Leutnant Paul Wilhelm Baumer – German Ace 1896 / 1927
Baumer was born on the 11th of May 1896 in Duisburg, Germany. Prior to World War One he worked as a dental assistant, and earned a private pilot’s license by the summer of 1914.
At the outbreak of war, he joined the 70th Infantry Regiment. He served in both France and Russia, being wounded in the arm in the latter. He then transferred to the Air Service as a dental assistant before being accepted for pilot training.
By October 1916, he was serving as a ferry pilot and instructor at Armee Flugpark 1, on the 19th of February 1917 he was promoted to Gefreiter. On the 26th of March he was assigned to Flieger Abteilung 7; He was promoted to Unterofficier on the 29th.
On the 15th of May 1917, he was awarded the Iron Cross Second Class. He subsequently received training on single-seaters, in consequence being posted to fighter duty. Baumer joined Jagdstaffel 5 on the 30th of June 1917, scoring three victories as a balloon-buster in mid- July before being transferred to the elite Jasta Boelcke.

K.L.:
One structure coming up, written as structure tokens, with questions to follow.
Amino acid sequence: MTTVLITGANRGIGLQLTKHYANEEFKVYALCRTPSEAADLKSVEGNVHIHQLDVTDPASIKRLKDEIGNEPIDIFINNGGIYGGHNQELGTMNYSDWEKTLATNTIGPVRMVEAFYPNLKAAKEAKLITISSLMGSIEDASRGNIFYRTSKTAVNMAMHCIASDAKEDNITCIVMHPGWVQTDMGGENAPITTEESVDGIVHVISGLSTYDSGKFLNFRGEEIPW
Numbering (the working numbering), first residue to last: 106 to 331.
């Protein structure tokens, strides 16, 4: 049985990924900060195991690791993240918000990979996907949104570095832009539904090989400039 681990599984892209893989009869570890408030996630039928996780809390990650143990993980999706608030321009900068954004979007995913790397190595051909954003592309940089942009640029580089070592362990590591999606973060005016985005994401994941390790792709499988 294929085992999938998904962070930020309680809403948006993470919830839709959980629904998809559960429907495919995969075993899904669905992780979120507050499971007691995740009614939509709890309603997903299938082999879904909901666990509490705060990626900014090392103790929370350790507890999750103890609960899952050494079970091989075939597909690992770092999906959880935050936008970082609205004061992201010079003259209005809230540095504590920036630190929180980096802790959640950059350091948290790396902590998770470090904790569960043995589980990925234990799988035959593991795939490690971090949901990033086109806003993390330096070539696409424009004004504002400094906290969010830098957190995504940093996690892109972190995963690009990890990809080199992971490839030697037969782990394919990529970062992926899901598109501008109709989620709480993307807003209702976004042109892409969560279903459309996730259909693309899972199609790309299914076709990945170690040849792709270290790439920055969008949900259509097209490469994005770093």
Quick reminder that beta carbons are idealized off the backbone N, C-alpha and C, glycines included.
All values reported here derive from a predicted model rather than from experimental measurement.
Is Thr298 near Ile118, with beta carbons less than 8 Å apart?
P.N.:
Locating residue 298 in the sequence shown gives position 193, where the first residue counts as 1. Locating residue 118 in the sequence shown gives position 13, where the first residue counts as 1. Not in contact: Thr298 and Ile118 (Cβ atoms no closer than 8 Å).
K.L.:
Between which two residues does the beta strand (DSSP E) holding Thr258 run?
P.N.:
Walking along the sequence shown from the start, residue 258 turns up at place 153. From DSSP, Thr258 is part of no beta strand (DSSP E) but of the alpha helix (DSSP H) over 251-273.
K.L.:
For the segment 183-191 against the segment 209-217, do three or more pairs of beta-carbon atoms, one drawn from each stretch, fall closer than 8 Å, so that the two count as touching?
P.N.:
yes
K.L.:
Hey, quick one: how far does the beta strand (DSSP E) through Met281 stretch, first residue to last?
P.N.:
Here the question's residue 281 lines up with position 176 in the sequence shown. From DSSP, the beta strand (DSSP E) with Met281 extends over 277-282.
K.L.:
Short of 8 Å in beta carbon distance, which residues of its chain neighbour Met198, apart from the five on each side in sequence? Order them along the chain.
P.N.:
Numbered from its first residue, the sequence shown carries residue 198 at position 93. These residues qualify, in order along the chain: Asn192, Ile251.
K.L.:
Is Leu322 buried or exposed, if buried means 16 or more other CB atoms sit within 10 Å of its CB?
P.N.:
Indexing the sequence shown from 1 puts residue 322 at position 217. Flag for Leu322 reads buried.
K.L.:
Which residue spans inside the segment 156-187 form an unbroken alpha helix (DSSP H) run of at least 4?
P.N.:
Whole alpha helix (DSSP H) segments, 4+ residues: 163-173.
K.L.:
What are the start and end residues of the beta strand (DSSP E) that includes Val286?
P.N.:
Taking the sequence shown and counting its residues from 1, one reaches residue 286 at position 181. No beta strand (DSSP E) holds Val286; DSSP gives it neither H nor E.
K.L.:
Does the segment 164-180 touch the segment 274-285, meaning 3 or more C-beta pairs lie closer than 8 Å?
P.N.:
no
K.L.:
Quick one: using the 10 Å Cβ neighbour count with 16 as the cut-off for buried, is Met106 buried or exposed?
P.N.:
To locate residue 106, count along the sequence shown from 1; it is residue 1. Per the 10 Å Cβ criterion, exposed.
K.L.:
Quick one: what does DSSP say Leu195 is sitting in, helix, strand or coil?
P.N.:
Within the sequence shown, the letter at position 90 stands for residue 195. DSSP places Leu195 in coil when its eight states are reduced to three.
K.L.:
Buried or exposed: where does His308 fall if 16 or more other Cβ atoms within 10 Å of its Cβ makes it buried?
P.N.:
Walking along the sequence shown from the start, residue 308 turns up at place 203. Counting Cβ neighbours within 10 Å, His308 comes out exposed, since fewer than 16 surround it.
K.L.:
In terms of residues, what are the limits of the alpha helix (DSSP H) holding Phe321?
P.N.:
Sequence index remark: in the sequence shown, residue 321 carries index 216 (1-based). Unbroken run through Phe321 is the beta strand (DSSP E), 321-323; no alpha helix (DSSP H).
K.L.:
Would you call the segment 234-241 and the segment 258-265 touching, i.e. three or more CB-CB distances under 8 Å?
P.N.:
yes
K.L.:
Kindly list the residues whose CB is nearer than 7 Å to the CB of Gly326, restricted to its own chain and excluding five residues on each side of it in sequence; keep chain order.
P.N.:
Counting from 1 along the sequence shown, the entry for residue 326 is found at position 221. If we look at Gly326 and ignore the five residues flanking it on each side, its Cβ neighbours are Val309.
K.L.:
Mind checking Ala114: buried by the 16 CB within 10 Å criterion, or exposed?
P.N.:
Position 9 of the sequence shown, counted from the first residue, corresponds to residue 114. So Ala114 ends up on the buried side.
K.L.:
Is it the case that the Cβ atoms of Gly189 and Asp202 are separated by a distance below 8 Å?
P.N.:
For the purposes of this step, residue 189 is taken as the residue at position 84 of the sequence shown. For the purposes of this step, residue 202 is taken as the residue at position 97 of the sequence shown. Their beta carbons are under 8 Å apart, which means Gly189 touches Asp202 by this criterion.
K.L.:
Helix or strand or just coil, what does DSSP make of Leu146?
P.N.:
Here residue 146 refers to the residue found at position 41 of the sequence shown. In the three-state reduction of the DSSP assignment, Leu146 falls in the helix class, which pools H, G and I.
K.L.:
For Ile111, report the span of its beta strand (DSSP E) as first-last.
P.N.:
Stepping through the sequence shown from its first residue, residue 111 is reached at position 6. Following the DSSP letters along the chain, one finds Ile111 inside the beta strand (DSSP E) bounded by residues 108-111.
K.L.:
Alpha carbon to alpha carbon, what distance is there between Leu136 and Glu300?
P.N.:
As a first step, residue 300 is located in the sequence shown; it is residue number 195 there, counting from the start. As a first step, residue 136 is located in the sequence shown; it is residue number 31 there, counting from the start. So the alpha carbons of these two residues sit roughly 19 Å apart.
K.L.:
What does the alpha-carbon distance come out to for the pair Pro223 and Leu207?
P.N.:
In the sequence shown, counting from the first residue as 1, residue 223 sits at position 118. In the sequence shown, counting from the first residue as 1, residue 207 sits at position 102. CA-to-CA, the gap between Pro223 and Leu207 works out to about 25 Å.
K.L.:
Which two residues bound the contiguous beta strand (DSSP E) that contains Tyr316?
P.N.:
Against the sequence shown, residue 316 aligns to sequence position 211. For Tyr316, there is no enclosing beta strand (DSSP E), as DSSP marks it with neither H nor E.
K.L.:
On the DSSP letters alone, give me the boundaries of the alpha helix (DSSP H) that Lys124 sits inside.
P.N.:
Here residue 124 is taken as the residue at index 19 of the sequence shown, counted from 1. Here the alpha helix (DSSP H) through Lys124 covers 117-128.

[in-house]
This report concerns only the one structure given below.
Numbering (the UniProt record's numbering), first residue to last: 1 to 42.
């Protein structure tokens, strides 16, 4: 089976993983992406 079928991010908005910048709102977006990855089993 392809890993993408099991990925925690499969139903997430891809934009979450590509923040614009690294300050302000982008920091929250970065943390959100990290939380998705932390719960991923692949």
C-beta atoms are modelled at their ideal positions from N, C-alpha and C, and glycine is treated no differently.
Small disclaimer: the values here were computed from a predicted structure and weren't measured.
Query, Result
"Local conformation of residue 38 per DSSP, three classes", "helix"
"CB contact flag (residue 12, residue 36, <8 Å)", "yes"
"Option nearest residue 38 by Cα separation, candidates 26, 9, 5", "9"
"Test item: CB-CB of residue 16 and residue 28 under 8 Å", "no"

Baumer claimed heavily, reaching 18 victories by the end of the year. He was commissioned Leutnant in April 1918. On the 29th of May, Baumer was injured in a crash, breaking his jaw and he returned to the Jasta in September.
With the arrival of the new Fokker D.VII he claimed even more success, including 16 victories in September. Nicknamed Eiserner Adler (Iron Eagle) he flew with a personal emblem of the edelweiss on his aircraft.
He was one of the few pilots in World War One whose lives were saved by parachute deployment, when he was shot down in flames in September 1918. He was awarded the Pour Le Merite, just before the Armistice and was finally credited with 43 kills making him the sixth ranking German Ace.
Baumer died in an Air crash at Copenhagen on the 15th of July 1927, age 31 whilst test flying a new fighter aircraft.
(C) Damian Grange 2019